Stormers coach Robbie Fleck did not say whether the 'criticism' from Crusaders counterpart Soctt Robinson after the 19-19 draw the week before -- that the Stormers "are going to have to score more tries... you have to defend well, but also be able to score tries" -- lit a touchpaper in sparking the hosts' more adventurous approach, but he was right to note that "we are starting to finish on a high... there is belief in the plan and now it is about managing players and getting them fresh for the weekend".

Finishing on a high, with similar attacking adventure to look beyond setting up a second phase, could even see the Stormers claim a playoff berth, something that even the most diehard of fans would have struggled to countenance through much of the season.

The Stormers remain last in the South African Conference, as the only team that has not topped the conference table this season, but their form in the past month has been good and their remaining fixtures are about as favourable as possible.

They head to Johannesburg this week to face the Lions, who are yet to defeat a South African opponent this season, before home fixtures against the Sunwolves and the Sharks, and hence the playoffs are both within reach and in their own hands; two victories likely will be enough to secure finals football, especially given the way the third-placed Bulls, without Handre Pollard for another two weeks, played and lost to the Brumbies in Canberra.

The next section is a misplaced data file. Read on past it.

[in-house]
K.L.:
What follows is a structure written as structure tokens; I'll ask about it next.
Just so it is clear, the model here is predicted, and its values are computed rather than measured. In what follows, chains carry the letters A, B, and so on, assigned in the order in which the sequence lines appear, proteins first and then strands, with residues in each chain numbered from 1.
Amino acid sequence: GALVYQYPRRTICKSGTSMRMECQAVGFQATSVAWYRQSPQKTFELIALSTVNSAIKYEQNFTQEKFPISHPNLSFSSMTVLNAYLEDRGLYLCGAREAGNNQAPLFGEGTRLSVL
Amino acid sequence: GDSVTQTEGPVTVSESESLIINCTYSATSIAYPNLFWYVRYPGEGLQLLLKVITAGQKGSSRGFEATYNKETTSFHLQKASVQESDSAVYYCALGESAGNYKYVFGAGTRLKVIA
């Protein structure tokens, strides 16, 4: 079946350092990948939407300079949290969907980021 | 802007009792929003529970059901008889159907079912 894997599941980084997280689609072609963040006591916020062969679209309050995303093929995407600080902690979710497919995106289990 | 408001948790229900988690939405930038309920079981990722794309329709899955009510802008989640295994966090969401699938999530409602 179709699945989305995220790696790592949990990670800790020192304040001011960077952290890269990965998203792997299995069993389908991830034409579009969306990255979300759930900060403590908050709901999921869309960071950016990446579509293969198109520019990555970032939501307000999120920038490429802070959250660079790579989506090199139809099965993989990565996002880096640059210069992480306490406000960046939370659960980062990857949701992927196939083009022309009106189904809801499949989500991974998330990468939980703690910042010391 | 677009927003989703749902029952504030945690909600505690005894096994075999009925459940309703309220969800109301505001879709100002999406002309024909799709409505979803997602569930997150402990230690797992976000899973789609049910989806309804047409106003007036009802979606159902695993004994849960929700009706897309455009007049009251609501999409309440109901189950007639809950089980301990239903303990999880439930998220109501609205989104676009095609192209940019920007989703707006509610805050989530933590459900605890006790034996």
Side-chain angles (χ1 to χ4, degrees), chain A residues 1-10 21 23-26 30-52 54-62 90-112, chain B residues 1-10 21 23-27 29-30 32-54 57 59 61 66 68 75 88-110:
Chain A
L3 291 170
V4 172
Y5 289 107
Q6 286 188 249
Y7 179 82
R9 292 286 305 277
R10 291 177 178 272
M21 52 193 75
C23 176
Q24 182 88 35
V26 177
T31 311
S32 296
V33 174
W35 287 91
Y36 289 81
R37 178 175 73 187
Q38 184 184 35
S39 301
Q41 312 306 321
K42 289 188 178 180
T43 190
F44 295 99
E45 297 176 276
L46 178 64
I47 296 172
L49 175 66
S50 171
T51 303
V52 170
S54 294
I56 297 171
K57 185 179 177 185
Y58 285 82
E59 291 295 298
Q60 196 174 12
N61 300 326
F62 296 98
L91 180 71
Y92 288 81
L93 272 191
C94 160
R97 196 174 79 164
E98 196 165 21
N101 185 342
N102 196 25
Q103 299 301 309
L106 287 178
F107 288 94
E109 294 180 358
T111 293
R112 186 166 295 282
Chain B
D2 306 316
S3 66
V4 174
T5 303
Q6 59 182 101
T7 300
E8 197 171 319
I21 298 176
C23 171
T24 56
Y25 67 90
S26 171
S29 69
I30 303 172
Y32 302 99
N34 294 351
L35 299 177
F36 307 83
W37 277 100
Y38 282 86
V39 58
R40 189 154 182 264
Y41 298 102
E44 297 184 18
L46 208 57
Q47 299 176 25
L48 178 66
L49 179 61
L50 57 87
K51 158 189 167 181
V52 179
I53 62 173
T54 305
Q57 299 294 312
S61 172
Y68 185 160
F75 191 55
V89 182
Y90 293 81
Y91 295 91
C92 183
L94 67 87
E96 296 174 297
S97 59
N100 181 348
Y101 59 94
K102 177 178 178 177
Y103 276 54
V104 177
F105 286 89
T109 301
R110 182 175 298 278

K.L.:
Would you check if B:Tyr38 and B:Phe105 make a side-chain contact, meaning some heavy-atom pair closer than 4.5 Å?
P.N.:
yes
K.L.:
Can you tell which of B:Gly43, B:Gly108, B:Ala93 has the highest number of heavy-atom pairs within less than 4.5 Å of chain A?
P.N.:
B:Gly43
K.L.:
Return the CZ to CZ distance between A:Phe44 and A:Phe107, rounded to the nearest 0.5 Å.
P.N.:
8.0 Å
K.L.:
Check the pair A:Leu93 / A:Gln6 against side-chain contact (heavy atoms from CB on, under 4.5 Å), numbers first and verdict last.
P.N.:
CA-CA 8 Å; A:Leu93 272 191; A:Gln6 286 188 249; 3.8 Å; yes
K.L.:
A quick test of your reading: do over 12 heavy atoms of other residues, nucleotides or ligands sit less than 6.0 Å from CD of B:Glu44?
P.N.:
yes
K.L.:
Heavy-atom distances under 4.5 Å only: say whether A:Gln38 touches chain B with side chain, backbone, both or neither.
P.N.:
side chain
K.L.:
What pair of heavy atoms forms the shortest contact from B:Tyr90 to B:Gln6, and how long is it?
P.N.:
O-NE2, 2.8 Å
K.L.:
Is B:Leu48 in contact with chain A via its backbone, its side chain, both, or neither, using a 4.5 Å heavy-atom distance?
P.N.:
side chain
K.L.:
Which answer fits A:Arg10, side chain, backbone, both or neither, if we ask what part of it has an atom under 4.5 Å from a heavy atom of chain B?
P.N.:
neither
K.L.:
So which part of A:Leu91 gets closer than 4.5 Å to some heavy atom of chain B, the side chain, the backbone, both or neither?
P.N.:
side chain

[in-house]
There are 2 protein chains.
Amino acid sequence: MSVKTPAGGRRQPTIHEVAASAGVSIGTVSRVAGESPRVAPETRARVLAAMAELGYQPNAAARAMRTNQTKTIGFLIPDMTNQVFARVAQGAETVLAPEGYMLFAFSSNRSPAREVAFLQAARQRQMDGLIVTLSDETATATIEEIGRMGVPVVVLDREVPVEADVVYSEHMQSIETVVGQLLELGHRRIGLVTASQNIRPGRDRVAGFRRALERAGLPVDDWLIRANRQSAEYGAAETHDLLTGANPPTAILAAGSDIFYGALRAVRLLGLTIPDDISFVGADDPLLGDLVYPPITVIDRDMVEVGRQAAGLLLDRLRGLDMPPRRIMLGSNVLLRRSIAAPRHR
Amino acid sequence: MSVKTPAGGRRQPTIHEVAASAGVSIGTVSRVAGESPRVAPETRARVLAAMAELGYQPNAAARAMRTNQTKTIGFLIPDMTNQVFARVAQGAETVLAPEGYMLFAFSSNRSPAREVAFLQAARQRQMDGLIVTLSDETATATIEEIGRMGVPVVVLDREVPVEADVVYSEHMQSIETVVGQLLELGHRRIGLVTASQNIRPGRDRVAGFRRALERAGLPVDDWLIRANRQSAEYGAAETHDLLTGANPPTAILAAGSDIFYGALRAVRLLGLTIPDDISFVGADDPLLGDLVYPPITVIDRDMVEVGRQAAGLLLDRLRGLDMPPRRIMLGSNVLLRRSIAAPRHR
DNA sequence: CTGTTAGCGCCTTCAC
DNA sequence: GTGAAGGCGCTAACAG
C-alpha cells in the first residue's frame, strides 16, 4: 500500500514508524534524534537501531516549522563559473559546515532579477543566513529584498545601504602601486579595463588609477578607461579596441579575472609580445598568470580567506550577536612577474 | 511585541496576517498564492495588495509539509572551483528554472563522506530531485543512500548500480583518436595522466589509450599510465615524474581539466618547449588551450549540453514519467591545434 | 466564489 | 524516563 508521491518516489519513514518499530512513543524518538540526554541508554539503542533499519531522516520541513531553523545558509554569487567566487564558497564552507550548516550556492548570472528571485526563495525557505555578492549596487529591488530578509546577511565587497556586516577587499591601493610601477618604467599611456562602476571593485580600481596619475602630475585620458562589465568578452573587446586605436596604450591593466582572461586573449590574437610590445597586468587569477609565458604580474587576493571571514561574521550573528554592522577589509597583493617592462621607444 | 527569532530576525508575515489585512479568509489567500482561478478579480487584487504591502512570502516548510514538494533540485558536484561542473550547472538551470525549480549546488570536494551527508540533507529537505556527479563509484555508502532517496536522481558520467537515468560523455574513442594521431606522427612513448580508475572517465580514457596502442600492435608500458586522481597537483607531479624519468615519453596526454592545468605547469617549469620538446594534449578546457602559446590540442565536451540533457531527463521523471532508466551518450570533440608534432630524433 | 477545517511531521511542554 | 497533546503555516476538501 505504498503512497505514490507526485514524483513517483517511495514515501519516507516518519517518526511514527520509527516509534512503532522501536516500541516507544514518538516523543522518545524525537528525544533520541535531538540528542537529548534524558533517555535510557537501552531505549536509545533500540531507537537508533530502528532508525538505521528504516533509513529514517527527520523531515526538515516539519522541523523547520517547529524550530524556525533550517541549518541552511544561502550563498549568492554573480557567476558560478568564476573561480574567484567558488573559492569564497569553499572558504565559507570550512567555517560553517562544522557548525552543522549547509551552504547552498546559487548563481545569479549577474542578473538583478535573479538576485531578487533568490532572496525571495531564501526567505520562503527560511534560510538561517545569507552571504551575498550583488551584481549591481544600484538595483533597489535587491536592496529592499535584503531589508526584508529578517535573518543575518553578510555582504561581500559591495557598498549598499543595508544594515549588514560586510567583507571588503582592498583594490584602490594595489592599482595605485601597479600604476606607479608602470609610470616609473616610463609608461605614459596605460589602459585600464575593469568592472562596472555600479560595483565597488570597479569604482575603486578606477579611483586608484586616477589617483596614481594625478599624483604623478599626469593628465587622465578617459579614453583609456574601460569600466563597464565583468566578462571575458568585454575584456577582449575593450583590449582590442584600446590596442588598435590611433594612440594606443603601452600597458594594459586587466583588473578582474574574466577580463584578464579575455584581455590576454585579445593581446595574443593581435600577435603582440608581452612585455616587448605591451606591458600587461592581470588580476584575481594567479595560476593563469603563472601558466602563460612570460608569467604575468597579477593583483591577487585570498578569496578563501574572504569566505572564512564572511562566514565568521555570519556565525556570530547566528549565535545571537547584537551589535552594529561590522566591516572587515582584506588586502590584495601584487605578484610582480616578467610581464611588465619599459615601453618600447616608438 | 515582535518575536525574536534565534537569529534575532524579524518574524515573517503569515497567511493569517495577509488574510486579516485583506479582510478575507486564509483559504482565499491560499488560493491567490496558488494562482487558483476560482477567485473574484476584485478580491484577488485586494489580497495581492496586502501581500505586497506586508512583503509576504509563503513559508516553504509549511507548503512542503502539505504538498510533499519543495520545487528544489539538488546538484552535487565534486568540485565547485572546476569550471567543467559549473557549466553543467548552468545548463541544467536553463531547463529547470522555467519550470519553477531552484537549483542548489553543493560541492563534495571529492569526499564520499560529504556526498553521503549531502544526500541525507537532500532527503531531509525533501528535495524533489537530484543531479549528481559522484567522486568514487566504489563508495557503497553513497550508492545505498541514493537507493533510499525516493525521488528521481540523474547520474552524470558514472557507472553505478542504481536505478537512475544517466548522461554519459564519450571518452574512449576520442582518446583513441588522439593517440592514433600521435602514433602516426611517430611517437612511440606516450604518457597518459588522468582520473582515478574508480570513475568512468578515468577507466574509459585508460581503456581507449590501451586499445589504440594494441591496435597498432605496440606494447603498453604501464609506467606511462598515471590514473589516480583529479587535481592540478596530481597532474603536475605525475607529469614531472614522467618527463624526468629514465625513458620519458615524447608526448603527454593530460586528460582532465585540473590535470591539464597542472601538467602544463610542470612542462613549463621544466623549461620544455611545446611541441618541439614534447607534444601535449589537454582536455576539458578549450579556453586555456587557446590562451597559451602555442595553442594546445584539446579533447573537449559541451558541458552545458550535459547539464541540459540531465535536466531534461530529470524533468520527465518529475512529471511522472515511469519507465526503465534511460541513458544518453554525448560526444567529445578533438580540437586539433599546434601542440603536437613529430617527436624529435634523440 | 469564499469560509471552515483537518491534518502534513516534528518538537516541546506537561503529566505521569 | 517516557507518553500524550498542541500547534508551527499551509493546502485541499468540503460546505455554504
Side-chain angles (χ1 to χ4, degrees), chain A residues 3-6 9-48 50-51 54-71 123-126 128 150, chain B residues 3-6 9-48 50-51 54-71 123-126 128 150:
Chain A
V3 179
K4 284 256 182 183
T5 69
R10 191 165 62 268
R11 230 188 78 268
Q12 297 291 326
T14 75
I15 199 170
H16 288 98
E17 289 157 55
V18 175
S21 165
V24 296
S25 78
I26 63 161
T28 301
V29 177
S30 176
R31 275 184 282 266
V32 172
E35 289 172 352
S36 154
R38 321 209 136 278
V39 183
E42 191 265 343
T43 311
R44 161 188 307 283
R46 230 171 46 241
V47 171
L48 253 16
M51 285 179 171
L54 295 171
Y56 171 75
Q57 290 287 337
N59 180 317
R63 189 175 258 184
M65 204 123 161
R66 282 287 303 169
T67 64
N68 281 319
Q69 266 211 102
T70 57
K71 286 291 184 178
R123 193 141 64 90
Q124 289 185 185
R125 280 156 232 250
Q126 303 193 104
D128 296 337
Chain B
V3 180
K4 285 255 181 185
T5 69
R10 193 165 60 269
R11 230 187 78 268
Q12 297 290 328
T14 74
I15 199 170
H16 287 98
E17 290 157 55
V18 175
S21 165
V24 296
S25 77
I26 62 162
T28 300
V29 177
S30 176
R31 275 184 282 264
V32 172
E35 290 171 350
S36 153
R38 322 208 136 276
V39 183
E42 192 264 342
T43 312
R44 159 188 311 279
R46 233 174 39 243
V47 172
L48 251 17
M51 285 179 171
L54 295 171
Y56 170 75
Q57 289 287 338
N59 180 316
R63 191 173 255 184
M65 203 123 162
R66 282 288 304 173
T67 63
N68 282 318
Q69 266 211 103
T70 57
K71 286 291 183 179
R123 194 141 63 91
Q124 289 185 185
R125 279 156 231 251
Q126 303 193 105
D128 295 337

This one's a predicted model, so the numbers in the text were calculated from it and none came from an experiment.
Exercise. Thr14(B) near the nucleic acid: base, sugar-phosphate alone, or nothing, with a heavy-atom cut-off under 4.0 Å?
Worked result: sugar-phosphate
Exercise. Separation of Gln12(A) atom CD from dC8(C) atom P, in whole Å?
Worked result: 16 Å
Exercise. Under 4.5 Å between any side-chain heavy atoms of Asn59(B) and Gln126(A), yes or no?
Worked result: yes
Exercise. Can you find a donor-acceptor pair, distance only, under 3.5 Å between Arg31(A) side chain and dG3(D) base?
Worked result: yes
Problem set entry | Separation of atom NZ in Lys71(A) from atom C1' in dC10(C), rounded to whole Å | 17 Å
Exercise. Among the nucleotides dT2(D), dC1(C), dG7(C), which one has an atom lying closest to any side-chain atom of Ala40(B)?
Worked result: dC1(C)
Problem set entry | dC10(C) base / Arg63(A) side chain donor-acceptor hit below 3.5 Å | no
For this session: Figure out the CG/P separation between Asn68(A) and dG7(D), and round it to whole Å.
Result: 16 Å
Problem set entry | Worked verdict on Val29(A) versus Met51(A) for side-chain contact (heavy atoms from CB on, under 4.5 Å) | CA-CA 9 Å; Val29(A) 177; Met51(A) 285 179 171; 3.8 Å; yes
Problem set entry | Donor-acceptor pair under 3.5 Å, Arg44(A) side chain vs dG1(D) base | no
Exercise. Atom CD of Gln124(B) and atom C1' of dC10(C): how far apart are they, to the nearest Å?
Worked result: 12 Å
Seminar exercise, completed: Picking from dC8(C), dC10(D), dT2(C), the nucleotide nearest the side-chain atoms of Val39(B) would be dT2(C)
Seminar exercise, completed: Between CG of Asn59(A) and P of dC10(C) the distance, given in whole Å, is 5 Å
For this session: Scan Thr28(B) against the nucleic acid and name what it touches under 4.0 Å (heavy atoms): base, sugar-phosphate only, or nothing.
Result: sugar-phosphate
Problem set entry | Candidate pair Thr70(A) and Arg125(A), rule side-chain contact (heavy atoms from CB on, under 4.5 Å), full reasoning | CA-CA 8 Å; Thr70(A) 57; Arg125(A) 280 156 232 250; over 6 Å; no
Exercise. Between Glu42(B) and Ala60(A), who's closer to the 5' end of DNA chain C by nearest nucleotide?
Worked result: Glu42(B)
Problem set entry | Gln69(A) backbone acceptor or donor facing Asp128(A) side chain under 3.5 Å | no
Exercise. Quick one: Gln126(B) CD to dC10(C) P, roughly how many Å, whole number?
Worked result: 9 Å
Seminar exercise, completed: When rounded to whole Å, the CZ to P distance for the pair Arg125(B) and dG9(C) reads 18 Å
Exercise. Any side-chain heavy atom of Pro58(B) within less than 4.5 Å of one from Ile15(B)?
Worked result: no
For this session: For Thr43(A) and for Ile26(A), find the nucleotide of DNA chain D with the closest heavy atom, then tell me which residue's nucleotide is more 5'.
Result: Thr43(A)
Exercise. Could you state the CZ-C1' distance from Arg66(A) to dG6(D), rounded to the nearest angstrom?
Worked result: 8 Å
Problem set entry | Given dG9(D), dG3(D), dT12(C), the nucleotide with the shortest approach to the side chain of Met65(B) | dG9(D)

The Bulls entered the weekend on top of the South African log after a good away victory in Melbourne, but their performance in Canberra was confusing and puzzling. They missed the calm authority and game management of their injured playmaker, Pollard, and adopted in lieu a bewilderingly open and deep game plan that conceded every advantage to the Brumbies. More worryingly, they seemed to surrender as the result slipped away and there was a confounding absence of will even to seemingly try until way too late to claim a try that would have procured a losing bonus point; they looked tired and beaten, and, much as we have learned not to make dogmatic predictions in South Africa, gave the impression of being a side that could be in freefall.

Much as their run home -- Blues and Highlanders in New Zealand, Lions at home with Pollard likely back in the No. 10 jumper -- gives them reason to hope, their performance in Canberra equally will give those same opponents the same belief.